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Suppose D(x) = {1 if rational, 0 if irrational} 

If the limit of a function as it approaches some value a is defined and equals L, then for any epsilon>0 there exists a delta>0 such that if 0<|x-a|<delta then |f(x)-L)|<epsilon. 

i) choose some rational a. Then we want to show that the limit as D(x) approaches a is 1. Suppose the limit exists. Let epsilon=0.5. Based on the limit definition, there should be some delta so that all x within delta of a have D(x) values within 0.5 of 1. However, no matter which epsilon we choose, i.e. no matter how small of an interval we choose around a, we can find an irrational number inside that interval because the irrational numbers are dense in the real numbers. This is a contradiction, because the D(x) value of that irrational number is 0, which is more than 0.5 away from 1.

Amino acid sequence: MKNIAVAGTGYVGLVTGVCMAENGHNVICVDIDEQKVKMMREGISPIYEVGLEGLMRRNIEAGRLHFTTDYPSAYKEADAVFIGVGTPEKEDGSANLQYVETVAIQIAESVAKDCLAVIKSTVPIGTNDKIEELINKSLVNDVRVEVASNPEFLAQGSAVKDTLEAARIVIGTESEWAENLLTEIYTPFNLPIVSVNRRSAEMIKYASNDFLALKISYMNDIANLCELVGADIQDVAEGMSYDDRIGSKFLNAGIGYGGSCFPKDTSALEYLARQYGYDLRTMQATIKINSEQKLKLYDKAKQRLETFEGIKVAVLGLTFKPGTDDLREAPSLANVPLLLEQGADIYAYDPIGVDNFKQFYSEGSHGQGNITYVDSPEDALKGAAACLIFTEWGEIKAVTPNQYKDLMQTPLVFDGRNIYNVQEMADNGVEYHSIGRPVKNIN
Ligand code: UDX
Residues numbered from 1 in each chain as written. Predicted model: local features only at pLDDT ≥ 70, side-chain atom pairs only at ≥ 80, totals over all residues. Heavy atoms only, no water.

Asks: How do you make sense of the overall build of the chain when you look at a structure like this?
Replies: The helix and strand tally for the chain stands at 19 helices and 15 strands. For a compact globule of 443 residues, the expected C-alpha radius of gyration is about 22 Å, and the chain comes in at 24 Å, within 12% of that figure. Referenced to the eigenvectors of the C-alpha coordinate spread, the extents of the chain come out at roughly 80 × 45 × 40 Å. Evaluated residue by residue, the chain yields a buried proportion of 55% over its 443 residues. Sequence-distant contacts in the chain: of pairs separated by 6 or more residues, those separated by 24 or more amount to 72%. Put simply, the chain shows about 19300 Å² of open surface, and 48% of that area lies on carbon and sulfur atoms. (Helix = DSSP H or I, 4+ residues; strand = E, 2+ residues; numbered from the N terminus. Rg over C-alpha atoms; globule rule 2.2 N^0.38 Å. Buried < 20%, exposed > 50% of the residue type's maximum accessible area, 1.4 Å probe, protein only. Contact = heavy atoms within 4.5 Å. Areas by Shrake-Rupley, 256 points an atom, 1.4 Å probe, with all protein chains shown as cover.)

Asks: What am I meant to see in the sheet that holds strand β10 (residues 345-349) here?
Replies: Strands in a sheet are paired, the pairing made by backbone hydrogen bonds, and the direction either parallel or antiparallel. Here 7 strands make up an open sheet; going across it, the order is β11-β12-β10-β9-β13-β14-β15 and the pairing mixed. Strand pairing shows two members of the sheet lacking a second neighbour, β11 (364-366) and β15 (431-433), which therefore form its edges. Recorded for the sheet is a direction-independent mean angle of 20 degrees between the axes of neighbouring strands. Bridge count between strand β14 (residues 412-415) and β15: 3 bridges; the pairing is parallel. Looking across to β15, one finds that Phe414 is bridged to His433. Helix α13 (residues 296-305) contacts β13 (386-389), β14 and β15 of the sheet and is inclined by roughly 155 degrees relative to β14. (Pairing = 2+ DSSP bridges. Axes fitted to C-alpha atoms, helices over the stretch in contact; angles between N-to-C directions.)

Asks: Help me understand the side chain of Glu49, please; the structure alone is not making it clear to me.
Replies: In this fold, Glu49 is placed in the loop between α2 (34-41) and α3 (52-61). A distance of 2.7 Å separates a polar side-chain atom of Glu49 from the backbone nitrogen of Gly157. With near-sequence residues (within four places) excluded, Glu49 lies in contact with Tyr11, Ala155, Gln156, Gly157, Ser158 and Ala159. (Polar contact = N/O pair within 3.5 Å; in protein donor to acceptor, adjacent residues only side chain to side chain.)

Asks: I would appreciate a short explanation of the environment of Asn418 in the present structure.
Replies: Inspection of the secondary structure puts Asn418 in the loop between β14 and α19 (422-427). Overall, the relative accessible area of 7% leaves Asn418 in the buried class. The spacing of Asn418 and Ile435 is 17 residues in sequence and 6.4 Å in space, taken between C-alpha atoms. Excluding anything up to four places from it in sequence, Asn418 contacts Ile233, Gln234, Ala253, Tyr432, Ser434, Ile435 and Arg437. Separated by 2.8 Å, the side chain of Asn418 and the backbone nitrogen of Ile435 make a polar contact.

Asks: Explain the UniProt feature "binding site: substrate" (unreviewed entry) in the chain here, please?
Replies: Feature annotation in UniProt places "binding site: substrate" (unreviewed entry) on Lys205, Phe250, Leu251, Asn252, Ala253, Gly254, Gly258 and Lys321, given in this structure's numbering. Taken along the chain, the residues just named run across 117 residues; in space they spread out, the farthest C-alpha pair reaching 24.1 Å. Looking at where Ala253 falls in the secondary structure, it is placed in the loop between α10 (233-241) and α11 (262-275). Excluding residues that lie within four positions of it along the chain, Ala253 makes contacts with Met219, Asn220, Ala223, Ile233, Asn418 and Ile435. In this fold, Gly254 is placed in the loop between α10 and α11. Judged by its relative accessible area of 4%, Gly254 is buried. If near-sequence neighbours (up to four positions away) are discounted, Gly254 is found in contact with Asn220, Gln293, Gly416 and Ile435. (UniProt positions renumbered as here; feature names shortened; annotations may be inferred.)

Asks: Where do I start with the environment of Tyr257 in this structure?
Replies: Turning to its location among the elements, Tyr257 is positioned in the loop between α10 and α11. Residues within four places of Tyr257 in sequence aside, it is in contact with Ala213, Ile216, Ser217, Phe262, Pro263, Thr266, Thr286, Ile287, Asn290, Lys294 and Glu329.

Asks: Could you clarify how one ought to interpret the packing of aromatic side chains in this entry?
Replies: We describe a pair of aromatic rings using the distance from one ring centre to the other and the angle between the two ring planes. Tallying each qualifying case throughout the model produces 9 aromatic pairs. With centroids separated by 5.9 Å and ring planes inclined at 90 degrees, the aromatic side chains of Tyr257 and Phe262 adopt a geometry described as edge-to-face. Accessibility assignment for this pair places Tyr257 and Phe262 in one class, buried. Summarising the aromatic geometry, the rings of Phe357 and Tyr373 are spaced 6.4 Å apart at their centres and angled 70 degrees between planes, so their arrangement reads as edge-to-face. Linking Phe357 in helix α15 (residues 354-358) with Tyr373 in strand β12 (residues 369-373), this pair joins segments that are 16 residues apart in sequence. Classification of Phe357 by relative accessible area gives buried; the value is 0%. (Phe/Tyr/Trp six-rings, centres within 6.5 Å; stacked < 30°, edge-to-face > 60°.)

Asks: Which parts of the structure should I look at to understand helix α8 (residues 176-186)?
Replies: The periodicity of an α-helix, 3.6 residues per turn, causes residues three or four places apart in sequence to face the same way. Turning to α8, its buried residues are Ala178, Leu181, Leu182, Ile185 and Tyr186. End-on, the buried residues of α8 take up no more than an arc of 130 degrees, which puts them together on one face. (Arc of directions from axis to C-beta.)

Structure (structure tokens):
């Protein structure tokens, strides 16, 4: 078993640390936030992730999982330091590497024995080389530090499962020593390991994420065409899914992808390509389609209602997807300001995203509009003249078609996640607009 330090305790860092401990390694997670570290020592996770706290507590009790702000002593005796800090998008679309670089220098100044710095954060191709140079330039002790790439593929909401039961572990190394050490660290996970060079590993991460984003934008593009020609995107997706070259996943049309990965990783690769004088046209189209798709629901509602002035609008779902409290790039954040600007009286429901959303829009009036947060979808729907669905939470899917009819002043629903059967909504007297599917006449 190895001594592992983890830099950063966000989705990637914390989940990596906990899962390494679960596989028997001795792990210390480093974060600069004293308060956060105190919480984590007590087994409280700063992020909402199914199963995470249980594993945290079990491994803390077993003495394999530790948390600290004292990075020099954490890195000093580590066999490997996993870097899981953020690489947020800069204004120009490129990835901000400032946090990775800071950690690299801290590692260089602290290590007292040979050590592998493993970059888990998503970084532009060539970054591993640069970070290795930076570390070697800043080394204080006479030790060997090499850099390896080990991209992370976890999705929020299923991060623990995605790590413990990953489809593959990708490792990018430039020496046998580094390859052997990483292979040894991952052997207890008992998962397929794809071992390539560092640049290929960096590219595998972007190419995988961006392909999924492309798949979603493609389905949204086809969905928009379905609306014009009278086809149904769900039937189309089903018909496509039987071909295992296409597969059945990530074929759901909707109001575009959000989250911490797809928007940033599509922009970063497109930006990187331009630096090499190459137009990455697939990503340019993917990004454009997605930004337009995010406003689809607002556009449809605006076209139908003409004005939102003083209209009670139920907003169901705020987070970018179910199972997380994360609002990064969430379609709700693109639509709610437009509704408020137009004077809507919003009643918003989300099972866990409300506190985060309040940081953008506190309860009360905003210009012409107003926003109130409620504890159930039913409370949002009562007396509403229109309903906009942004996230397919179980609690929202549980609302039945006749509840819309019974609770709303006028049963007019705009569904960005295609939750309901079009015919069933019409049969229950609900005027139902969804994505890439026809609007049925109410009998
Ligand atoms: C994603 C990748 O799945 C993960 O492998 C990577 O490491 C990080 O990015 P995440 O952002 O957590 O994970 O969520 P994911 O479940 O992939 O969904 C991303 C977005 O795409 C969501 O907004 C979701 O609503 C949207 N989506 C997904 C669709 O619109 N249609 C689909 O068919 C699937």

i) the proof works similarly if you choose an irrational number, since the rationals are dense in the reals.
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